Hockey legend Wayne Gretzky famously said that his father told him to “skate to where the puck is going to be, not to where it has been.” It's a quote repeated often in the business world and advice that all types of community leisure venues (CLVs), including FECs, should heed. This is especially true for new CLVs. Here's why. We'll use the story about Sally Startup to explain.
One day Sally's entrepreneurial spirit awakens and she decides she's going to develop a CLV. So, she does her due diligence searching the Internet and traveling around the country checking out different CLVs. Based on what she sees and her research, she develops the concept for her CLV - we'll call it Sallyville. She searches for a location in her city and finds a good vacant store. A market feasibility study by an industry consultant confirms it's a good location and the market can support her project. After negotiation with the landlord, she secures a letter of intent (LOI) and retains an industry expert (unfortunately one who just follows industry outdated paradigms) to develop the financial feasibility study, including preliminary plans, a cost estimate and pro forma financial projections. The results are positive, so he has her lawyer start with the lease negotiations with the landlord while she works on securing her financing. She also has her CLV industry designer start drawing up the construction renovation plans. Luckily, Sally has a rich uncle who helps her raise 30% equity capital and working with a local bank, she borrows the rest. Things go well with lease negotiations and she signs the lease. She's able to secure her building permit in less than two months and construction is started. Fourteen months later after some delays due to securing and installing some of the equipment, the center is completed, the staff is hired and trained, the City issues her a Certificate of Occupancy and Sallyville opens.
Sounds like a happy ending, but is it? More than two and one-half years have transpired since Sally first did her research and decided on the concept and mix of attractions and offerings Sallyville would have. So, her center's concept is already possibly 2.5 years old. But wait a minute, all the different CLVs Sally visited and researched were started many years earlier. Probably a minimum of two years and most much earlier than that. So, in hockey terms, Sally was looking back in time at least 5 years where the puck had previously been when she did her research and made her decision on where to aim for the puck (her concept), not where the puck, the market, would be when she opened Sallyville. Another way of saying this is Sally made her decision looking in the rear-view mirror, not where the road was headed.
So, Sally may very well have opened an obsolete CLV model, one that could well be five or more years behind the times and out-of-date in terms of what works best in the current competitive out-of-home entertainment and leisure landscape. And think about it, many of the centers Sally researched could well have been copycats of earlier centers those owners copied, making Sallyville's model even more out-of-date and behind the times.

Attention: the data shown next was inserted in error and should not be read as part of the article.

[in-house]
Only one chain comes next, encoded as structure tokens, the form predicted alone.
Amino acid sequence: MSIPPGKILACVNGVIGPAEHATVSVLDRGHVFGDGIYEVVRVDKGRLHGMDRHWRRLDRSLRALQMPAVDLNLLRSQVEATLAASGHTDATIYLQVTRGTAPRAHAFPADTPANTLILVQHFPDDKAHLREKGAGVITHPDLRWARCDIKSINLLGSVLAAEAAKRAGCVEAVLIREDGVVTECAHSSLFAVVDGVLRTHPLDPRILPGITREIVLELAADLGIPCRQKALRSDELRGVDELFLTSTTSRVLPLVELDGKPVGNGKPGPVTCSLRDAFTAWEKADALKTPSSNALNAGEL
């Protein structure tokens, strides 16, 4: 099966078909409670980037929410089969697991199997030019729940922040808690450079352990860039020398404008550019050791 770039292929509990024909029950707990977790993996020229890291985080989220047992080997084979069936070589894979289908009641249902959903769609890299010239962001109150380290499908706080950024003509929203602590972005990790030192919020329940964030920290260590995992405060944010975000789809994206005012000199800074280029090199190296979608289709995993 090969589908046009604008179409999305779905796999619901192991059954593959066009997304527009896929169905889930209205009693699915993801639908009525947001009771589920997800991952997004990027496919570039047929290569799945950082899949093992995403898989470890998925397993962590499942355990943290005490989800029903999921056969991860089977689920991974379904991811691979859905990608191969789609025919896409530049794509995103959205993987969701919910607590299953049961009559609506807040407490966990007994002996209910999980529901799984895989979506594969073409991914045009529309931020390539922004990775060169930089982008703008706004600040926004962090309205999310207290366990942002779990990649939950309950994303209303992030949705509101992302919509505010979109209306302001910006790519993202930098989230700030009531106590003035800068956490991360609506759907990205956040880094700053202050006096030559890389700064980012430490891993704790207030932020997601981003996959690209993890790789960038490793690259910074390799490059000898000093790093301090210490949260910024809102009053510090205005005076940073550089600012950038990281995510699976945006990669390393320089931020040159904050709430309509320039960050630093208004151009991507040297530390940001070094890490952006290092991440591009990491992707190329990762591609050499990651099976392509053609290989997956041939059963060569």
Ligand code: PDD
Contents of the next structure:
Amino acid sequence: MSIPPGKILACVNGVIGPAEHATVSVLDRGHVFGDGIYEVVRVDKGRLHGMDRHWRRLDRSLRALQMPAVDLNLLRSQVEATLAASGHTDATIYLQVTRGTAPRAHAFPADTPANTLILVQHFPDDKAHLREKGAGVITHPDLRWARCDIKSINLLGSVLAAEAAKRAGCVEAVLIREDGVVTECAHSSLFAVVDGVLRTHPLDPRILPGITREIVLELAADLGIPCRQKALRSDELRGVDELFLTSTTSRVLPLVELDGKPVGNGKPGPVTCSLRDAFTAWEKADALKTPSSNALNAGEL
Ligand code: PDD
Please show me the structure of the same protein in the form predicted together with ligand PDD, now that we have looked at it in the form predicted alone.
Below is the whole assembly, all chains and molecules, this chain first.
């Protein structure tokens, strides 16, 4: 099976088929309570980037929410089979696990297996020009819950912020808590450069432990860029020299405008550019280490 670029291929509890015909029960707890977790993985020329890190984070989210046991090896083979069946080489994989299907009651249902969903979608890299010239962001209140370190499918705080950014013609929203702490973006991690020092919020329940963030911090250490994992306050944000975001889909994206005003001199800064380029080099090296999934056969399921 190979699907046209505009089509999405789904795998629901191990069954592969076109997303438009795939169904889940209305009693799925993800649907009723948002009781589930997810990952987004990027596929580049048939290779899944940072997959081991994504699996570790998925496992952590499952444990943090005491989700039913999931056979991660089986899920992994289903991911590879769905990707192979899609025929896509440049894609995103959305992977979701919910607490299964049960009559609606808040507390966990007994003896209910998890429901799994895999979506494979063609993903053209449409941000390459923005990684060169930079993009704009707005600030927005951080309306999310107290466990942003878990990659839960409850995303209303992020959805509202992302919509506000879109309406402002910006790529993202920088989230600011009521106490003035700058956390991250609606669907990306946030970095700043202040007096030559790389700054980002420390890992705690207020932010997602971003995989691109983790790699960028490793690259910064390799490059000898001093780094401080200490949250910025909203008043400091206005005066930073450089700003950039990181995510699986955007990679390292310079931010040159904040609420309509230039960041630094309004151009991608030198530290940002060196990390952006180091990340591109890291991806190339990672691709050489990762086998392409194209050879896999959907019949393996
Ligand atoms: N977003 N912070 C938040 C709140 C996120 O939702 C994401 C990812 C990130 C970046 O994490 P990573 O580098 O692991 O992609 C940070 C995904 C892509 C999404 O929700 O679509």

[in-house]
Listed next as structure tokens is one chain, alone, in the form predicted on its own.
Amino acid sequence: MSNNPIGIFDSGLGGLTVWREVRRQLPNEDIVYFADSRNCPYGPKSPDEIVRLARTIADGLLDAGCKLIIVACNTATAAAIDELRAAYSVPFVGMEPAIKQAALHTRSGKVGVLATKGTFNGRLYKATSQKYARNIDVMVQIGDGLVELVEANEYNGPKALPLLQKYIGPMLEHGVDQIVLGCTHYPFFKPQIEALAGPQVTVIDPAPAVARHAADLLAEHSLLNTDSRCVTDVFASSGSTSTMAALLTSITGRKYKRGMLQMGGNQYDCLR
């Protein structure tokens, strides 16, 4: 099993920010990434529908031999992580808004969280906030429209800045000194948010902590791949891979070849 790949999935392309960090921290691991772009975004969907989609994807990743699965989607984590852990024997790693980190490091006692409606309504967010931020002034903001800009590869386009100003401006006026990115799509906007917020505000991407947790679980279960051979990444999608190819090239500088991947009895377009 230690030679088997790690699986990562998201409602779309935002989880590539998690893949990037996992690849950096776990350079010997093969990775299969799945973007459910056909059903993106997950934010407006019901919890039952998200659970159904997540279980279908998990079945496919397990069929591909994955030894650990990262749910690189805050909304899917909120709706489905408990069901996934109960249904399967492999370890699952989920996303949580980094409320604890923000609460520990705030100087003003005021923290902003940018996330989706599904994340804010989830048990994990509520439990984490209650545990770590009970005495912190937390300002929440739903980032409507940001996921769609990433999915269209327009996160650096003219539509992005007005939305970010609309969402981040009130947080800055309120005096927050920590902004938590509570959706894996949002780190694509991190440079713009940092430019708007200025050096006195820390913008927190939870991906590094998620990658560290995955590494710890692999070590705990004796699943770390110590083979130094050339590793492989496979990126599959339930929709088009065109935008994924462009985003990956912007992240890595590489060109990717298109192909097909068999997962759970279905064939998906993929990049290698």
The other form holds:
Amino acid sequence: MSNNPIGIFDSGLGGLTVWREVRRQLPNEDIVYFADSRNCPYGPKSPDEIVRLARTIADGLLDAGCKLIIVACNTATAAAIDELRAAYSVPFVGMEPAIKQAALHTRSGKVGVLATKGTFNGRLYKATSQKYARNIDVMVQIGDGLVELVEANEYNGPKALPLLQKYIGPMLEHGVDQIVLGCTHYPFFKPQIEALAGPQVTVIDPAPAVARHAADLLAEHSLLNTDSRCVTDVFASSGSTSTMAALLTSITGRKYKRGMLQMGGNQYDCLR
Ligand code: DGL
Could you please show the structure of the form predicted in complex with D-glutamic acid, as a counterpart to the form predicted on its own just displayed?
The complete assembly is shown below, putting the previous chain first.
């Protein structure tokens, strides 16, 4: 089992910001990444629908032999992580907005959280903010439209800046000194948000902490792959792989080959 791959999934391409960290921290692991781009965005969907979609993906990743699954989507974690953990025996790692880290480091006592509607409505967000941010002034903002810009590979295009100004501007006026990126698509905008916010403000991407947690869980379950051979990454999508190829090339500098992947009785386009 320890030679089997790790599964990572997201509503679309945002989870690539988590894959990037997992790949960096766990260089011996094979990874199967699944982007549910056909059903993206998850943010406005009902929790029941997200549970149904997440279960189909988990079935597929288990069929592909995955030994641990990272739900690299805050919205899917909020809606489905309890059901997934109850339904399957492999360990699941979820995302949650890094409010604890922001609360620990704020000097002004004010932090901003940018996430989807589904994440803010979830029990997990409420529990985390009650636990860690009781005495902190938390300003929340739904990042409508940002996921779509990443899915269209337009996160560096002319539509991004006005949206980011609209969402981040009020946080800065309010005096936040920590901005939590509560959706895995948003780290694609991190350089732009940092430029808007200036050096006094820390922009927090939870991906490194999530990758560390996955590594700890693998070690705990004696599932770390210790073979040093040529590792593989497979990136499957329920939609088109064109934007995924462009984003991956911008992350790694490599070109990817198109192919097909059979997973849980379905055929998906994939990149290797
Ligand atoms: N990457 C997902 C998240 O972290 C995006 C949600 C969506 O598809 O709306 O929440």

Unfortunately, our company continually sees too many examples of this - startups copycatting CLV concepts that will be out-of-date by the time their center opens. Then after they open, they spend too much time and money trying to make an obsolete model work to no avail. This is one of the major reason CLVs, especially the traditional FECs, fail.
Several decades ago, Sally's approach might not have been that bad. The world moved much more slowly back then, and things didn't change as fast. But that's not the situation today. We live in times when the pace of change is constantly accelerating for just about everything. That makes it even more difficult than in the past to predict the future. Hartmut Rosa, a German sociologist, identified this phenomenon as “shrinking of the present” an increasing difficulty of predicting the future by simple extrapolation of the past and present, a decreasing time period during which expectations based on past and present experience reliably match the future.
Rosa attributes what he calls “social acceleration” to increasing acceleration in three areas: technology, social life and personal life.
The life cycle for any consumer product concept is far shorter today than it used to be. That is why today, to be successful with a CLV, you need to shoot for the puck where it will be, where the consumer leisure landscape will be and where the business has to be positioned in the future when the CLV opens. And that requires research on evolving trends, the macro trends that will have some life, not short-term fads.
To make sure our clients' projects are aiming for where the puck will be in the future, we spend extensive time reaching and studying not just the location-based entertainment industry, but all the many consumer industries including food service and restaurants, hotels and resorts, retail, social media, marketing, branding and design, to name just a few. We also follow all the research in multiple fields including food service, sustainability, travel, retail, recreation, technology, marketing, design, branding, time use, demographics, consumer expenditures. We also conduct our own proprietary consumer research. If you follow our Leisure eNewsletter, you've read about some of our findings.
We practice what is known as evidence-based design and production of our clients' project - making decision based on solid research findings rather than just opinions, believes and conventional wisdom, which is typically based on what worked in the past, not what works in the future. Yes, this is a major investment of time and money on our company's part, but it allows us to identify and sort the emerging macro trends from short term fads to make sure our clients' projects are on target, not just when they open, but for many years after.